I heard an expression last night from someone who I believe came from Washington State which had an echo of this that struck me as important to consider. The situation was a discussion of bringing issues people were not aware of to people's attention/awareness such that they would consider it important, think about it, and do something about it (actually more like not be able to forget it), and the idea was that such and such an action would accomplish this end. The expression was "... such and such will bring this front the mind." (Note not "in front of the mind" or "to the forefront", but almost like "confront", bring to a considered awareness).
... it is my belief that we still have numerous of these old expressions hanging around in our language (I should say in our languages; I'd be willing to bet the Russians/Ukranians have a number we could profit from hearing even in translation) ... especially in the more rural areas ... and that these can be valuable tools for our understanding of the intent of quite a few Pali terms.
Here's a trap I fall into related to this that needs to be avoided: after some time in a sitting session one will notice that tensions have reaserted themselves over the body and especially the face. At this time one needs once again to let go of these tensions, and putting a look of satisfaction on the face is a good way of doing this.
When this is done when some time has already been spent in the sitting session it is much easier to consciously notice that those tensions that are being let go of were intimately tied up in trains of thought that were themselves tied up in wanting which was dependant on the idea of self. This is the trap: Seeing these tensions drop off almost looks like one self is dropping off another self, or that one self is pulling away from another self (it is easy to see that the tensions that are being dropped were considered self before and it is easy to see that that was a mistaken idea, but it is not so easy to see that the seeing of that is being mistaken as self); here it is very important not to think like this or one will waste a lot of time in a push and pull match between the self one is trying to drop and the "self" one is identifying with at the moment as "the dropper of self."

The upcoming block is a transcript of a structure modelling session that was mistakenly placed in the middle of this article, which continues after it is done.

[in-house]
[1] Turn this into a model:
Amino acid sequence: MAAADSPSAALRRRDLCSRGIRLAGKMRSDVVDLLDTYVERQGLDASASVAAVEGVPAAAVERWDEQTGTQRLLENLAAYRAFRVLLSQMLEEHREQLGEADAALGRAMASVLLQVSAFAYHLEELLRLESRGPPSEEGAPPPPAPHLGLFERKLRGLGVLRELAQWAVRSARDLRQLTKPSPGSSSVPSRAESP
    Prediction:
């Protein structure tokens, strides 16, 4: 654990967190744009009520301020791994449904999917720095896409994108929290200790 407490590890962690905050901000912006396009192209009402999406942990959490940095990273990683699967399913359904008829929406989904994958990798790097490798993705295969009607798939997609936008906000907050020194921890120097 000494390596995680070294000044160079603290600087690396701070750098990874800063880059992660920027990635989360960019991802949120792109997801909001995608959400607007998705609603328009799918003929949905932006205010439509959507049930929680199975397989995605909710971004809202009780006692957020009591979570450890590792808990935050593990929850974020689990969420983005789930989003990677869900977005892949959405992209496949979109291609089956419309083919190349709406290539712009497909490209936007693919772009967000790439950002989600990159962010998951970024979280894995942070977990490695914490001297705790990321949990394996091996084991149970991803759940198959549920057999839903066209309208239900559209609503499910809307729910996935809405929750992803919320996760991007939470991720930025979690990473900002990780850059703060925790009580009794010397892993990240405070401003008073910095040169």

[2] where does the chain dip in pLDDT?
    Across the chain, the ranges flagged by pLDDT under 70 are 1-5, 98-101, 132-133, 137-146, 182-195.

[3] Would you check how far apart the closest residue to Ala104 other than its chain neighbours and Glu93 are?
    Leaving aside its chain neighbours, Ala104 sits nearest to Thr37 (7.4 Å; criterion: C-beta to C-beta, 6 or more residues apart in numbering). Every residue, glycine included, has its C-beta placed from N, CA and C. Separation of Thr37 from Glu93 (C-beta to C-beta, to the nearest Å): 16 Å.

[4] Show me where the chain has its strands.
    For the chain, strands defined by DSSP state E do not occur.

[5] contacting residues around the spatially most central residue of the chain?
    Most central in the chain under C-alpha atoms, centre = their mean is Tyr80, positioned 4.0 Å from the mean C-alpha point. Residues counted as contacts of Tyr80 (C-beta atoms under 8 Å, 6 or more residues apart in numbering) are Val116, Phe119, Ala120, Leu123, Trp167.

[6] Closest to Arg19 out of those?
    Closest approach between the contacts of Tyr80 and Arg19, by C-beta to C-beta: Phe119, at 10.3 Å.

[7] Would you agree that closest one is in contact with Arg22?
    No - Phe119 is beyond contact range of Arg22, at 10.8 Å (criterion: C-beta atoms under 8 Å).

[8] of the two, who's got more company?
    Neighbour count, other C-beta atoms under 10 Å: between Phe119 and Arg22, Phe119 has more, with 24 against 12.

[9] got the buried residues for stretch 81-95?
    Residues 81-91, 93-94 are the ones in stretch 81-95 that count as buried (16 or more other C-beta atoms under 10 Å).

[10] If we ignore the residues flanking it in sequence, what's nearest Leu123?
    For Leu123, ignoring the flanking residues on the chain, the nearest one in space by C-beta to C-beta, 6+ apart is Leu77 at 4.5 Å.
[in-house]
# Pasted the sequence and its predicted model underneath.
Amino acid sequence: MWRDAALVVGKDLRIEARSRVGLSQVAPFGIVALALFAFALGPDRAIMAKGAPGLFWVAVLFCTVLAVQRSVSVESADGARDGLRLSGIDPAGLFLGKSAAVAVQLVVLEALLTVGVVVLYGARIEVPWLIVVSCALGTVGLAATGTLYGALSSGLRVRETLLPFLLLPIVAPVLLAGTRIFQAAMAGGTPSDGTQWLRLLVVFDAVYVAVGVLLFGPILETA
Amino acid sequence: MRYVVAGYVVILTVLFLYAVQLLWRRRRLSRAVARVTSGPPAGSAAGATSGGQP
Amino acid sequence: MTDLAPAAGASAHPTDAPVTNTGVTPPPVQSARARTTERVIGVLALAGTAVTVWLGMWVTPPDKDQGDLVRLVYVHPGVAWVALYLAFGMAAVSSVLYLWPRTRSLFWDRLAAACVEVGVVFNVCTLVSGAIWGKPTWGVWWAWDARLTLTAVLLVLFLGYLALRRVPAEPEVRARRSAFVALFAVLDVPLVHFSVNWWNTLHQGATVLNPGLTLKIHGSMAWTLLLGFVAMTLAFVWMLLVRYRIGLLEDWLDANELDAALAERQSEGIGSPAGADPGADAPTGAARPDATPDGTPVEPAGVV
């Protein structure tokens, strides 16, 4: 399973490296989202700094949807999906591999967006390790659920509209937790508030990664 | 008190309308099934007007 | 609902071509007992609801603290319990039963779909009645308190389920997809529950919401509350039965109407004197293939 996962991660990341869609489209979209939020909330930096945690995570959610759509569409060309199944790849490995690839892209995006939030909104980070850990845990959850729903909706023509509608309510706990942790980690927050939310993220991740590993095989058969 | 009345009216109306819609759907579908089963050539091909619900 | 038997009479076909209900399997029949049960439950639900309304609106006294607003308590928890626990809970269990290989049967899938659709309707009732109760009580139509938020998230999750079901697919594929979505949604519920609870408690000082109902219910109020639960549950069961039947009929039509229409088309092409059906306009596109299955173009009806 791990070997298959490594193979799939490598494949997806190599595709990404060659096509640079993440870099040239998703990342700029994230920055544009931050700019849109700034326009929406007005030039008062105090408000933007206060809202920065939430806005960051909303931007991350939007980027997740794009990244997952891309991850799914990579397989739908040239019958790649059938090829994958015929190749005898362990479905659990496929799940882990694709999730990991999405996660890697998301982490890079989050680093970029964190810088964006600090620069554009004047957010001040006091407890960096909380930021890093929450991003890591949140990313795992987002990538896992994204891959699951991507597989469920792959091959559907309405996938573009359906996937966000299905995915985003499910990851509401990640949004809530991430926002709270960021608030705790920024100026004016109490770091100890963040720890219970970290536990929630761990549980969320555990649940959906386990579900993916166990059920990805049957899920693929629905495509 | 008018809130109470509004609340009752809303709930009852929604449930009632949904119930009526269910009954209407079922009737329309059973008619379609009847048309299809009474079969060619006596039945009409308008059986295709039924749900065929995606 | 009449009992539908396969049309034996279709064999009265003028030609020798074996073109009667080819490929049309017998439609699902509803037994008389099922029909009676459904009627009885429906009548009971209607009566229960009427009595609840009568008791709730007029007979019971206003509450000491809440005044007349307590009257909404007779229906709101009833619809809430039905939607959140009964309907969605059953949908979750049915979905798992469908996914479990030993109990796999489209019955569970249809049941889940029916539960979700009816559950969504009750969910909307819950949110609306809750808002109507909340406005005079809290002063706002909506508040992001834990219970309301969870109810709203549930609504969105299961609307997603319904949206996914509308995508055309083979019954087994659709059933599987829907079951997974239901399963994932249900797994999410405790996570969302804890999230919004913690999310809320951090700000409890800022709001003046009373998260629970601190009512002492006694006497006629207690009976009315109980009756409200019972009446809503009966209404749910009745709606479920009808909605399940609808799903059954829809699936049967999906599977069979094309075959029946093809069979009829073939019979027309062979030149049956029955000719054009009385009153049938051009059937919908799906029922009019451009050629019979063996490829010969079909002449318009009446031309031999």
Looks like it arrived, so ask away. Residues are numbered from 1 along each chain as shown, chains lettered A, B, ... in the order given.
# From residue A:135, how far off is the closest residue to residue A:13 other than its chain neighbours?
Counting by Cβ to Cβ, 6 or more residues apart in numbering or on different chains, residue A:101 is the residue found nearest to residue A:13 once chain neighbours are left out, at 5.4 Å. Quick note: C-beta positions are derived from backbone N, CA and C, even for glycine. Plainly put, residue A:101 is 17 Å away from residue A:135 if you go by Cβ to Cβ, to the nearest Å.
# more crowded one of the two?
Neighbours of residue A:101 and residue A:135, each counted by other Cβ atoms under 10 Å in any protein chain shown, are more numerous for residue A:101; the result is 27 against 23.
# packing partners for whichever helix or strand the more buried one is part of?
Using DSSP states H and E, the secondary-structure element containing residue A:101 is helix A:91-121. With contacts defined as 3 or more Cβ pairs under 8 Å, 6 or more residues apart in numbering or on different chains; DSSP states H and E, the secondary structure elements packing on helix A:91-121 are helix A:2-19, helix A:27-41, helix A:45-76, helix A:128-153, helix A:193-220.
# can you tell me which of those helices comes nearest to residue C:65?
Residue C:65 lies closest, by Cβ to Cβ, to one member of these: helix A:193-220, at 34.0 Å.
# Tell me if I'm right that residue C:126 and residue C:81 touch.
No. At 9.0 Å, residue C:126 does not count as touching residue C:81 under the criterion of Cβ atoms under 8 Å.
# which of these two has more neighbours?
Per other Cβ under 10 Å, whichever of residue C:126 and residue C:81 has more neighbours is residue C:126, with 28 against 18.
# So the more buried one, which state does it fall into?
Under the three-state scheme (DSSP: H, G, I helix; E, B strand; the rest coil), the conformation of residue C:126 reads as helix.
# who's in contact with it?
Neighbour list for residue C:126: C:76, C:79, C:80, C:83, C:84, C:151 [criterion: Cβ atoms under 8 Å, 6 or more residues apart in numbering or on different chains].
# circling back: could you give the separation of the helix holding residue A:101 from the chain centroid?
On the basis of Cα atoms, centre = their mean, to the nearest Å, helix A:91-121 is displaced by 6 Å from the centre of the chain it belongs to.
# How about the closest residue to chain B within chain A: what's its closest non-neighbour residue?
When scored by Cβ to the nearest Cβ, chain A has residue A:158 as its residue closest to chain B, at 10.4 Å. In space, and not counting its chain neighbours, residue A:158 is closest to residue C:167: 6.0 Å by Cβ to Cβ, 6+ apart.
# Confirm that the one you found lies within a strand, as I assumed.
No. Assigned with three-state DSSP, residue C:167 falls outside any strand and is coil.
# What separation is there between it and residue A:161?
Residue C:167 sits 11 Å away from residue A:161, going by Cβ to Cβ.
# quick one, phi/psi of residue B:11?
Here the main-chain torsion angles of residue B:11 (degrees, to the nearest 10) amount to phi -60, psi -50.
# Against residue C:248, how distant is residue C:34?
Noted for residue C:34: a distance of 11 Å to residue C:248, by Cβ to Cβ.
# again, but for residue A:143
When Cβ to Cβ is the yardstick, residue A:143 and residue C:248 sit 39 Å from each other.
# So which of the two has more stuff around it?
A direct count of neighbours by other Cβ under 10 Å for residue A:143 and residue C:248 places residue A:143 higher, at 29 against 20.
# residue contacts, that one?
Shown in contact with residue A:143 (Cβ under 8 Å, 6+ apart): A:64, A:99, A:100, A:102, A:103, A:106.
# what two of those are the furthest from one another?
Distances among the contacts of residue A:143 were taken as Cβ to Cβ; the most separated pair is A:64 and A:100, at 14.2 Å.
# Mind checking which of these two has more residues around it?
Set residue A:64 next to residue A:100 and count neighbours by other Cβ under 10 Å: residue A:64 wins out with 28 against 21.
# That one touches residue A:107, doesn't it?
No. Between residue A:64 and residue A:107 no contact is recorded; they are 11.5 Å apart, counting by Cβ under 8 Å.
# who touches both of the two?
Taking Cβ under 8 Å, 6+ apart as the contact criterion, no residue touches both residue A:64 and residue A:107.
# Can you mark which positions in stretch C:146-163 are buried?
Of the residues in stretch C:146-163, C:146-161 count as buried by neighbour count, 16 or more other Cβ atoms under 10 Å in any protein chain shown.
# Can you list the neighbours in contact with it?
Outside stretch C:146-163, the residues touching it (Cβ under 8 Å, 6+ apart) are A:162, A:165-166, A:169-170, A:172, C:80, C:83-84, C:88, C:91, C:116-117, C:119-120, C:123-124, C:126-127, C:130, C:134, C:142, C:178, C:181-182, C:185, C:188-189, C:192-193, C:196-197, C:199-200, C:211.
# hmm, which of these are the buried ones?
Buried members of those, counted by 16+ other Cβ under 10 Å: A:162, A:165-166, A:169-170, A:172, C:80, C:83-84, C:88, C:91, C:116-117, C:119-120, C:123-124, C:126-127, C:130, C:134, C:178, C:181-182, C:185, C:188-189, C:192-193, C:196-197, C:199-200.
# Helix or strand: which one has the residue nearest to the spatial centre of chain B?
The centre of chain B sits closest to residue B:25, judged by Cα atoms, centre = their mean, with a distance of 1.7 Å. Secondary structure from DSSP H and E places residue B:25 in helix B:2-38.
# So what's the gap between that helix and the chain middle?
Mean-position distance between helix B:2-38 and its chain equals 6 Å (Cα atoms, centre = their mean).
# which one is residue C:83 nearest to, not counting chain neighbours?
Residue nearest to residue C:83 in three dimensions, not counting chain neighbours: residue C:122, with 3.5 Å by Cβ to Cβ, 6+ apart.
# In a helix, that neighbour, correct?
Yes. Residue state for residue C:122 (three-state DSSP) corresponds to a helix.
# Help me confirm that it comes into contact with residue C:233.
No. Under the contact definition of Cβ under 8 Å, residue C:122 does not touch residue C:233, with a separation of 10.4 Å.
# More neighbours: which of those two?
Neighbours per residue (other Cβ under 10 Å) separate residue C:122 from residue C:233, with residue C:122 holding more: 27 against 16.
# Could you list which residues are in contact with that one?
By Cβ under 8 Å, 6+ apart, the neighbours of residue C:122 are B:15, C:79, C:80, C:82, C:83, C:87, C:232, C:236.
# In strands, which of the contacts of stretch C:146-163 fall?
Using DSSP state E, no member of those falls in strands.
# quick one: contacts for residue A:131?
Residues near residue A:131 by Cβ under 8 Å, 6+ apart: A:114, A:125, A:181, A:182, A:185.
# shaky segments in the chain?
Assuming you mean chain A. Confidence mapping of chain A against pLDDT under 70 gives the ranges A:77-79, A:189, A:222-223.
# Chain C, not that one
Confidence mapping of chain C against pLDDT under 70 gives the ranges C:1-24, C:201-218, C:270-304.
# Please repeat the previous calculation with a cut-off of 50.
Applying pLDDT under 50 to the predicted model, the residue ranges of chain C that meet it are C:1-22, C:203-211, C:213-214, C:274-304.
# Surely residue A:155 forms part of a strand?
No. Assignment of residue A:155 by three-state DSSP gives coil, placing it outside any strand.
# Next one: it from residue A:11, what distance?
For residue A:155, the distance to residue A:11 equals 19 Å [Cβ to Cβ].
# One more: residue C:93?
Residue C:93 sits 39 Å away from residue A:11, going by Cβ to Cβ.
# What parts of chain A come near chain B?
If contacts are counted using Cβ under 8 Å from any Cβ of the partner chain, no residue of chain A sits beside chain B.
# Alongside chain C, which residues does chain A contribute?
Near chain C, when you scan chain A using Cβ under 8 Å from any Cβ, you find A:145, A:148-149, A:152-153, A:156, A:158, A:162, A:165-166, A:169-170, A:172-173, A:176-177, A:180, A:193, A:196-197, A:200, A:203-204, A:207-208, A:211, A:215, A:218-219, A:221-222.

The simile of the onion is convenient at this point: Remember that the situation is similar to peeling away the layers of an onion. Neither was the layer that was peeled away the onion nor is the next layer the onion, nor is any layer that may remain the onion, nor is it possible to say that there is any onion other than the layers.
Here is a sutta passage which I find hard to reconcile with the idea that "sati" is to be understood as "paying attention" or suchlike.
33. Now at that time a man named Pukkusa a young Mallian, a disciple of Alara Kalama's, was passing along the high road from Kusinara to Pava.
34. And Pukkusa, the young Mallian, saw the Blessed One seated at the foot of a tree. On seeing him, he went up to the place where the Blessed One was, and when he had come there he saluted the Blessed One, and took his rest respectfully on one side. And when he was seated Pukkusa, the young Mallian, said to the Blessed One: 'How wonderful a thing is it, Lord! and how marvellous, that those who have gone forth out of the world should pass their time in a state of mind so calm!'
35. 'Formerly, Lord, Alara Kalama a was once walking along the high road; and leaving the road he sat himself down under a certain tree to rest during the heat of the day. Now, Lord, five hundred carts passed by one after the other, each close to Alara Kalama. And a certain man, who was following close behind that caravan of carts, went up to the place where Alara Kalama, was, and when he was come there he spake as follows to Alara Kalama:
'"But, Lord, did you see those five hundred carts go by?"
'"No, indeed, sir, I saw them not."
'"But, Lord, did you hear the sound of them?"
'"No, indeed, sir, I heard not their sound."
'"But, Lord, were you then asleep?"
'"No, sir, I was not asleep."
'"But, Lord, were you then conscious?"
'"Yes, I was conscious, sir."
'"So that you, Lord, though you were both conscious and awake, neither saw, nor heard the sound of five hundred carts passing by, one after the other, and each close to you. Why, Lord, even your robe was sprinkled over with the dust of them!"
'"It is even so, sir."
36. 'Then thought that man: "How wonderful a thing is it, and how marvellous, that those who have gone forth out of the world should pass their time in a state of mind so calm! So much so that a man though being both conscious and awake, neither sees, nor hears the sound of five hundred carts passing by, one after the other, and each close to him."
'And after giving utterance to his deep faith in Alara Kalama, he departed thence.'
37. 'Now what think you, Pukkusa, which is the more difficult thing either to do or to meet with that a man being conscious and awake should neither see, nor hear the sound of five hundred carts passing by, one after the other, close to him, or that a man, being conscious and awake, should neither see, nor hear the sound thereof when the falling rain goes on beating and splashing, and the lightnings are flashing forth, and the thunderbolts are crashing?'